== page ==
The Wedding at Cana

The Wedding at Cana    21st Jan 2018            Madingley

Genesis 14:17-20 Rev. 19:6-10      John 2:1-12


Jesus is in the very earliest stage of his public ministry. He has, according to John the Baptist’s testimony in this gospel, been baptized, and then returned to Galilee, choosing his central group of disciples. Having done that, what we would expect him to do? Surely it would be to take those hand-picked followers away with him on what we would call a retreat, to explain to them what his mission was to be, and help them to get to know him more deeply. But no. Jesus is invited to a wedding, so presumably it was of a member of the extended family, or someone he knew well, and he takes his disciples with him to this major celebration in Cana, 9 miles north of Nazareth.


The first thing we hear is that Mary comes hurrying over to Jesus to tell him that they have run out of wine. In that culture, this was a terrible disaster. As part of the preparation for the wedding, the bridegroom would have had the responsibility for soliciting donations of wine from all his family and friends. If he has not managed to provide enough, this is a serious loss of honour for the family, suggesting that people were uncooperative, and leading to speculation as to why that might have been. And of course, in response, the bridegroom in future might reveal a similar lack of generosity to those others, and so it would go on.


Why did Mary tell Jesus about this? There is the possibility that, if they really were connected by family to the bridegroom, that they might bear some responsibility for the shortfall. Or is it that she knew that her son might be able to do something about it then and there. There seems to be a note of expectancy in her words, but she does nothing more than state the need, and doesn’t give him orders about how to deal with it. Jesus’ answer sounds abrupt to us, and it’s difficult to know how it should be translated into English. It is something like: “Woman, what does this have to do with me? Stay out of my business.”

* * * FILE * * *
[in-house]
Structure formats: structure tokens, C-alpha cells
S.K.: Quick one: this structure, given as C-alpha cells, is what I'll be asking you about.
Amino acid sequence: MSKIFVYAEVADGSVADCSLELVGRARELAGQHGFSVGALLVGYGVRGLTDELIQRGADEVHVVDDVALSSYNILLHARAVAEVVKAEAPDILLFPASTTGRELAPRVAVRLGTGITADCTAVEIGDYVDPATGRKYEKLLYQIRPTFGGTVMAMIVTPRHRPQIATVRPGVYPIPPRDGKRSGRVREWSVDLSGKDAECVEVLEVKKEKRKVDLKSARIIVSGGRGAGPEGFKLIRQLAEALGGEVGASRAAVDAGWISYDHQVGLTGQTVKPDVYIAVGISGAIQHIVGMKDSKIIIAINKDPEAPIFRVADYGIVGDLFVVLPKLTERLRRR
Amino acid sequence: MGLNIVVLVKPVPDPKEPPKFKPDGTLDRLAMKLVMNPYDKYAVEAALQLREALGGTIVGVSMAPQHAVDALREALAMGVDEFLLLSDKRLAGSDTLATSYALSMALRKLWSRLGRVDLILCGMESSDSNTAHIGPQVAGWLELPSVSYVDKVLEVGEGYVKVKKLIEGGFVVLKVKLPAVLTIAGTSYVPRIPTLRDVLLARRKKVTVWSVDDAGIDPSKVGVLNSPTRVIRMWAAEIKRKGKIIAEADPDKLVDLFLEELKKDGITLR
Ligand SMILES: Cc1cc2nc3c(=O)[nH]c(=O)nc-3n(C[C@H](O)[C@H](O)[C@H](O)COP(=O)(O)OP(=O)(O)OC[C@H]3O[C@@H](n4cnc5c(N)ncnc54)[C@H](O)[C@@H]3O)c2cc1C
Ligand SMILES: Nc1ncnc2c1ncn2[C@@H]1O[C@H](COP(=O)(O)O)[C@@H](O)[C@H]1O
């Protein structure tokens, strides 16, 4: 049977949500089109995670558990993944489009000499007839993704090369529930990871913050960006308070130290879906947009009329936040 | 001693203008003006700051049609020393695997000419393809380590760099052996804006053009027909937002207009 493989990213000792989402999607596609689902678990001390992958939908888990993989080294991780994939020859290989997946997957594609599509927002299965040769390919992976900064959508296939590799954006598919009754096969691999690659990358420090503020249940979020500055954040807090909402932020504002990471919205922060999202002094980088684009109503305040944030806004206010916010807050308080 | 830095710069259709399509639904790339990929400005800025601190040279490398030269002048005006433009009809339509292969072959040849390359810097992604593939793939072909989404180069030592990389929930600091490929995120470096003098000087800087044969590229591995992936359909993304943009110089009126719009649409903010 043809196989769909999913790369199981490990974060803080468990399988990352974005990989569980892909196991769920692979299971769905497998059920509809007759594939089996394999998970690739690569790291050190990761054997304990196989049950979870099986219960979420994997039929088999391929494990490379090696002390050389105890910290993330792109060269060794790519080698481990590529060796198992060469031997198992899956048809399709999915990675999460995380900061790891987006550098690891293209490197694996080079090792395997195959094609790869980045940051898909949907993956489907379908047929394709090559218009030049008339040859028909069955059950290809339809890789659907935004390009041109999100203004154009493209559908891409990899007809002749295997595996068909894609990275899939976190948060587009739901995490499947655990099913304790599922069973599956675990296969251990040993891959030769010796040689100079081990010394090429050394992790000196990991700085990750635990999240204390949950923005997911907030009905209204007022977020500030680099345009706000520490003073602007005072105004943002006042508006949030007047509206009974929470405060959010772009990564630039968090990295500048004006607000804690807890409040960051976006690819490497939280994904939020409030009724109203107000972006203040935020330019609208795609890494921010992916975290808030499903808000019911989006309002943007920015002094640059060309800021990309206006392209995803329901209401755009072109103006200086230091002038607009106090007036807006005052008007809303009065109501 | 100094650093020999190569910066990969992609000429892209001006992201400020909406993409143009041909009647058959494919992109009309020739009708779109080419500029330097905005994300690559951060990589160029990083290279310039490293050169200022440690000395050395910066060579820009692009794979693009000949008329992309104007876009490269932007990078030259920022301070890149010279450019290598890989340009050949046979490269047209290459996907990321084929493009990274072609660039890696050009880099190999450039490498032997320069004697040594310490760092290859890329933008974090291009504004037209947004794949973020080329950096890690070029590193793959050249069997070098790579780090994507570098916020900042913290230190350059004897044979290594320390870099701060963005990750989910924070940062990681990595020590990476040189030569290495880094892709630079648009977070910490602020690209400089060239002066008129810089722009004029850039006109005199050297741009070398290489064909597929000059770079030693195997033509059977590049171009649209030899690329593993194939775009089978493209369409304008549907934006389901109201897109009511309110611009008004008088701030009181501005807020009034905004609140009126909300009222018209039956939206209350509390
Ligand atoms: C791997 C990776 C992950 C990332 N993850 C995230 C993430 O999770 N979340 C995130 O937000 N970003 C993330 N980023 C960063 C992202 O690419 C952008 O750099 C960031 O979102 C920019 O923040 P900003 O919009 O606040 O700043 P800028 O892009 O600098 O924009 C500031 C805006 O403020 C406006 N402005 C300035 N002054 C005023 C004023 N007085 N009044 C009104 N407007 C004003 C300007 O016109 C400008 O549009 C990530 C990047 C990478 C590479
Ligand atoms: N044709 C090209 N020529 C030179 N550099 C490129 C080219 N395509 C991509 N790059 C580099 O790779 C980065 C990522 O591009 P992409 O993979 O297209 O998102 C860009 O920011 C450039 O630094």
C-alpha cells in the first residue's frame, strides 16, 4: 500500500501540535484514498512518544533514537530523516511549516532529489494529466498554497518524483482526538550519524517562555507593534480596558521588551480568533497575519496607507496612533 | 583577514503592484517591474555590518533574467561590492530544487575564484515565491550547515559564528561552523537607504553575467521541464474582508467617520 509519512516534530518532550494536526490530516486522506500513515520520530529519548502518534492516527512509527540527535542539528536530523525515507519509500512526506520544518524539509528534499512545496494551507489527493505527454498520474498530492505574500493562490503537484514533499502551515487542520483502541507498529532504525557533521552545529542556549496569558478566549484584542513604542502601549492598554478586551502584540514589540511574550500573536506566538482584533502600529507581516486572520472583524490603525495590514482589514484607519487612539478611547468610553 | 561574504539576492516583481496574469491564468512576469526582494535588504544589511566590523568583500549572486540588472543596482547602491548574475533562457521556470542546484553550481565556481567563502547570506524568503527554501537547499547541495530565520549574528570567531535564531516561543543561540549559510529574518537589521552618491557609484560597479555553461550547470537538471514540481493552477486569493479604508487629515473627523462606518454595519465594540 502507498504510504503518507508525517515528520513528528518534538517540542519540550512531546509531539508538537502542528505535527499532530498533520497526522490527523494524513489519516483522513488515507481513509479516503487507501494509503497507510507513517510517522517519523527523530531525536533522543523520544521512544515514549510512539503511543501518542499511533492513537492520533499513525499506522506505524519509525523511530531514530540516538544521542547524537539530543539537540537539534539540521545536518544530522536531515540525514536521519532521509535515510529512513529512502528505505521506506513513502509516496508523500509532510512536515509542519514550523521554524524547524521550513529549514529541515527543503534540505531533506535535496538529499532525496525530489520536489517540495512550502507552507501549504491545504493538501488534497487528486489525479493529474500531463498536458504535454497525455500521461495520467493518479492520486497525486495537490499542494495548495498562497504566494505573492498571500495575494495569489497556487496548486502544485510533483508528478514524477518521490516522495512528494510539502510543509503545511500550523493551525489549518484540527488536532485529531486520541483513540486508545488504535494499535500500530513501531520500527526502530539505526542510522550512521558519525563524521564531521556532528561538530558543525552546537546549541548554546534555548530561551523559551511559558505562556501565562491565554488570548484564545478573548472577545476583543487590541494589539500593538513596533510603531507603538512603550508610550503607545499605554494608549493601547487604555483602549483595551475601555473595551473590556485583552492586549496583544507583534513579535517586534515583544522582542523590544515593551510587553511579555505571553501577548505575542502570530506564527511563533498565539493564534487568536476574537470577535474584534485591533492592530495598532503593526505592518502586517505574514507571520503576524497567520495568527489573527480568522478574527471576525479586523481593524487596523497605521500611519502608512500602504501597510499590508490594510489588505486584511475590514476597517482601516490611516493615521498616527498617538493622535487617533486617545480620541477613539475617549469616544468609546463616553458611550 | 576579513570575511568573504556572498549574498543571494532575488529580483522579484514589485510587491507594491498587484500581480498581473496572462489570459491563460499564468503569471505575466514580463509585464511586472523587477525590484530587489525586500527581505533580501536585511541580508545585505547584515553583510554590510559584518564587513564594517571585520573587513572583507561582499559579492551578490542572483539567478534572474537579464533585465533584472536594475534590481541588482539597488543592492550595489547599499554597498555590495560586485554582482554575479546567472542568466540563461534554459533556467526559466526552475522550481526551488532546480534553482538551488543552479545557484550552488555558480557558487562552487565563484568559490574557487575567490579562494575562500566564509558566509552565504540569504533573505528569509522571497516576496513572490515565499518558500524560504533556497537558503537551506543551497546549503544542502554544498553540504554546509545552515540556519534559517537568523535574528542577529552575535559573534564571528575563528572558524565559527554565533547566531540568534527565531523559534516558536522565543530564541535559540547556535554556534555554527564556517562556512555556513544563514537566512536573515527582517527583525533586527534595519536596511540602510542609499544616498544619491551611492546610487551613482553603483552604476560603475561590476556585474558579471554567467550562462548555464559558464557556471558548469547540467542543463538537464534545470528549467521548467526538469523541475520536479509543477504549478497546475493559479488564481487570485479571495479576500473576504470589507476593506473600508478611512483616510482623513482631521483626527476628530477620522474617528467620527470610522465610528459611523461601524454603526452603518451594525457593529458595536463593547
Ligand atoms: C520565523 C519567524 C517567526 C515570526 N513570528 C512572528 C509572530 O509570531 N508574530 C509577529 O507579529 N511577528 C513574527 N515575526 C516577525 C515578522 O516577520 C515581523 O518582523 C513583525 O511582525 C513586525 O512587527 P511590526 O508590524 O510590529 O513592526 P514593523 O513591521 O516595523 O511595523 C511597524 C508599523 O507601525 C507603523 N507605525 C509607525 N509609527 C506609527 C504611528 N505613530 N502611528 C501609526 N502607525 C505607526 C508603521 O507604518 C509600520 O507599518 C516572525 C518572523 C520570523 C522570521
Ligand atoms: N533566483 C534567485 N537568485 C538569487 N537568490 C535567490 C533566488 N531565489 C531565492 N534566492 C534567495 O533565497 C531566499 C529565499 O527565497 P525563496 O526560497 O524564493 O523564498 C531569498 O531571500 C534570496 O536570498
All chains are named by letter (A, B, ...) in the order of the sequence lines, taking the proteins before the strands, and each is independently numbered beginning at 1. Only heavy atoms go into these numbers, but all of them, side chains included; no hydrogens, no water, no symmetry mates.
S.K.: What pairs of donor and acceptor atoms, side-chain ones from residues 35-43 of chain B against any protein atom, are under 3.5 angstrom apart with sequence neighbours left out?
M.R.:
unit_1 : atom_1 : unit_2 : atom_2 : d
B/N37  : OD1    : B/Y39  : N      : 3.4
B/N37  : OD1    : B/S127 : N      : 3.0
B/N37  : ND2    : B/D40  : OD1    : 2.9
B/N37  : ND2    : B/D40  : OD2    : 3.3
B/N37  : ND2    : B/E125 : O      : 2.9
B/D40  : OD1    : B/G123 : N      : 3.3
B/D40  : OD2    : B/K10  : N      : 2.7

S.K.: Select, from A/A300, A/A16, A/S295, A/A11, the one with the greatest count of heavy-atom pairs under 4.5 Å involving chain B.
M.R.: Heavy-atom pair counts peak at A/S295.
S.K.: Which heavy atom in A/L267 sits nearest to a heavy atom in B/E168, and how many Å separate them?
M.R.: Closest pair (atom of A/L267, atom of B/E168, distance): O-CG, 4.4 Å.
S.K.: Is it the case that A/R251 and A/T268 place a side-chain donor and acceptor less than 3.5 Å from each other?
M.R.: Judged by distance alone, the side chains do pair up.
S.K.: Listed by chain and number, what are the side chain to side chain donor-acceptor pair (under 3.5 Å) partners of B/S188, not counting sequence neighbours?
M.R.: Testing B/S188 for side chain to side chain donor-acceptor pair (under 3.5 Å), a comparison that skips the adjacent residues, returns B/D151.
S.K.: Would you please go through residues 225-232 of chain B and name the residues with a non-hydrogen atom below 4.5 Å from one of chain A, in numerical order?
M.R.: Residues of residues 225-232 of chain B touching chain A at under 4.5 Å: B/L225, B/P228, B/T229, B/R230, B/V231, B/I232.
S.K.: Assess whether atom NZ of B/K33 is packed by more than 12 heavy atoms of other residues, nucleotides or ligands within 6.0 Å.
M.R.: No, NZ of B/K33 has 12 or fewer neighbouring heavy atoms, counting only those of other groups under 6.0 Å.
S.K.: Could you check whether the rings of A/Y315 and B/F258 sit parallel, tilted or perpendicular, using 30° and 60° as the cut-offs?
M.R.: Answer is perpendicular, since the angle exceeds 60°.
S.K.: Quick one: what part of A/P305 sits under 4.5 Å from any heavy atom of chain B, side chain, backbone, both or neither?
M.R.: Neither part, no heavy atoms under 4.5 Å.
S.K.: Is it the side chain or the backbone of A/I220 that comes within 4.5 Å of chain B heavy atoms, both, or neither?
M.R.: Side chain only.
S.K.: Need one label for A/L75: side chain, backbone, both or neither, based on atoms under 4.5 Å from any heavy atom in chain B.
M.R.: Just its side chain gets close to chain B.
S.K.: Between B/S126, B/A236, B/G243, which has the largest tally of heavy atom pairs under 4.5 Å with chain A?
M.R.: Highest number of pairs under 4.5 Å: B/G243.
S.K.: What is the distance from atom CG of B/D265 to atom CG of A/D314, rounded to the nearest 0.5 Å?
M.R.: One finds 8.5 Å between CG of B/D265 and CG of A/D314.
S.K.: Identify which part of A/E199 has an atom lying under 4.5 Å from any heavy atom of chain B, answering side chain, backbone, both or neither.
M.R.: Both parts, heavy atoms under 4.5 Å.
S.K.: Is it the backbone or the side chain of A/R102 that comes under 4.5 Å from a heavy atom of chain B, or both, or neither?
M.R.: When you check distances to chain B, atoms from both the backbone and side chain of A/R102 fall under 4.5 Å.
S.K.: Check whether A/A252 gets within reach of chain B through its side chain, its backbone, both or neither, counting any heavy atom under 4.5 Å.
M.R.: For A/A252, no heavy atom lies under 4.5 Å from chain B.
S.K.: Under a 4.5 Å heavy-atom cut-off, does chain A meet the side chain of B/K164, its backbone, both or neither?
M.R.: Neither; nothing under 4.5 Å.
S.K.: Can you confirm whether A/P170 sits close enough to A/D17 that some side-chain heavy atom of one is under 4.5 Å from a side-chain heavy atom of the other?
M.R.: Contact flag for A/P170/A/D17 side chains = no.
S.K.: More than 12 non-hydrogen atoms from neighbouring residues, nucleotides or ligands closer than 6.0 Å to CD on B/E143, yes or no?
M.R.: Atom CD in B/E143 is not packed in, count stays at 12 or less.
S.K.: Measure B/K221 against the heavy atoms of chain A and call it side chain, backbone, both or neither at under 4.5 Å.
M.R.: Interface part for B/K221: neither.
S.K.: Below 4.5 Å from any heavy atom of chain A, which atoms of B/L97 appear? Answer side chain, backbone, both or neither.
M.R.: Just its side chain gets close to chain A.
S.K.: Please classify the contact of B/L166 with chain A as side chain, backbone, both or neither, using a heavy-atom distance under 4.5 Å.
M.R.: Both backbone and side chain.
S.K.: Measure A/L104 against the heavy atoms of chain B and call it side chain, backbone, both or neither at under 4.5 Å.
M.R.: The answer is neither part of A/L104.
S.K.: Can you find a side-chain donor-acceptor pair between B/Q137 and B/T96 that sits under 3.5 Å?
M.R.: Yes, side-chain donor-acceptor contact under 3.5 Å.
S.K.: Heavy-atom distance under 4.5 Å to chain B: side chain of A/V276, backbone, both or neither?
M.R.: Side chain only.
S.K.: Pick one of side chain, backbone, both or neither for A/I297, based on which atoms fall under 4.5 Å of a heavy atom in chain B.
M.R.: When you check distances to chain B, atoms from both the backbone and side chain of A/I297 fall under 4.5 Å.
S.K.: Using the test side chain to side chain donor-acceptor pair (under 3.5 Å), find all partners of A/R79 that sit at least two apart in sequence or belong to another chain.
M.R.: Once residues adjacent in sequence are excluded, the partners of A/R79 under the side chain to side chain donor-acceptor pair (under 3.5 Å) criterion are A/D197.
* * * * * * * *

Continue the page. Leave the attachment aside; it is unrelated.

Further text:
Possibly the explanation lies in his next words, although on first hearing it’s not obvious. He says that his “hour has not yet come.” In John’s gospel, the references to the “hour” are specifically about the work of Jesus in obedience to his Father, working to bring the whole created order back into a right relationship with God, with a plan which has been there from the beginning. This will occur at the climax of the gospel, as Jesus is crucified and then resurrected. Providing wine at a wedding feast in a small out of the way community in the north of an insignificant country would not seem to be part of that world-changing plan. The problem for Mary is that she is not privy to that plan; she is outside the world of Jesus and his Father’s relationship. However, as we hear later, she is present on that hill outside Jerusalem when those final hours of suffering take place.


As the mother of Jesus she clearly has a significant role, and she plays an important part at this wedding. In contrast to Nathanael, who we heard about last week, and who came to believe in him after Jesus revealed his miraculous knowledge of his life, Mary clearly believes that Jesus is capable of doing something amazing,  even though he has not, to our knowledge, done any such thing previously. It is as if she is stinging him into action, even though her actual words are mild. The interesting thing is that Jesus’ response doesn’t deter Mary completely, which under the circumstances is rather surprising. She goes to the servants and gives some very vague instructions; she’s not sure what Jesus is going to do, but whatever it is, she knows it will be the right action to take under the circumstances. She trusts him implicitly. And it is those words which do herald the first of the Signs in John’s gospel.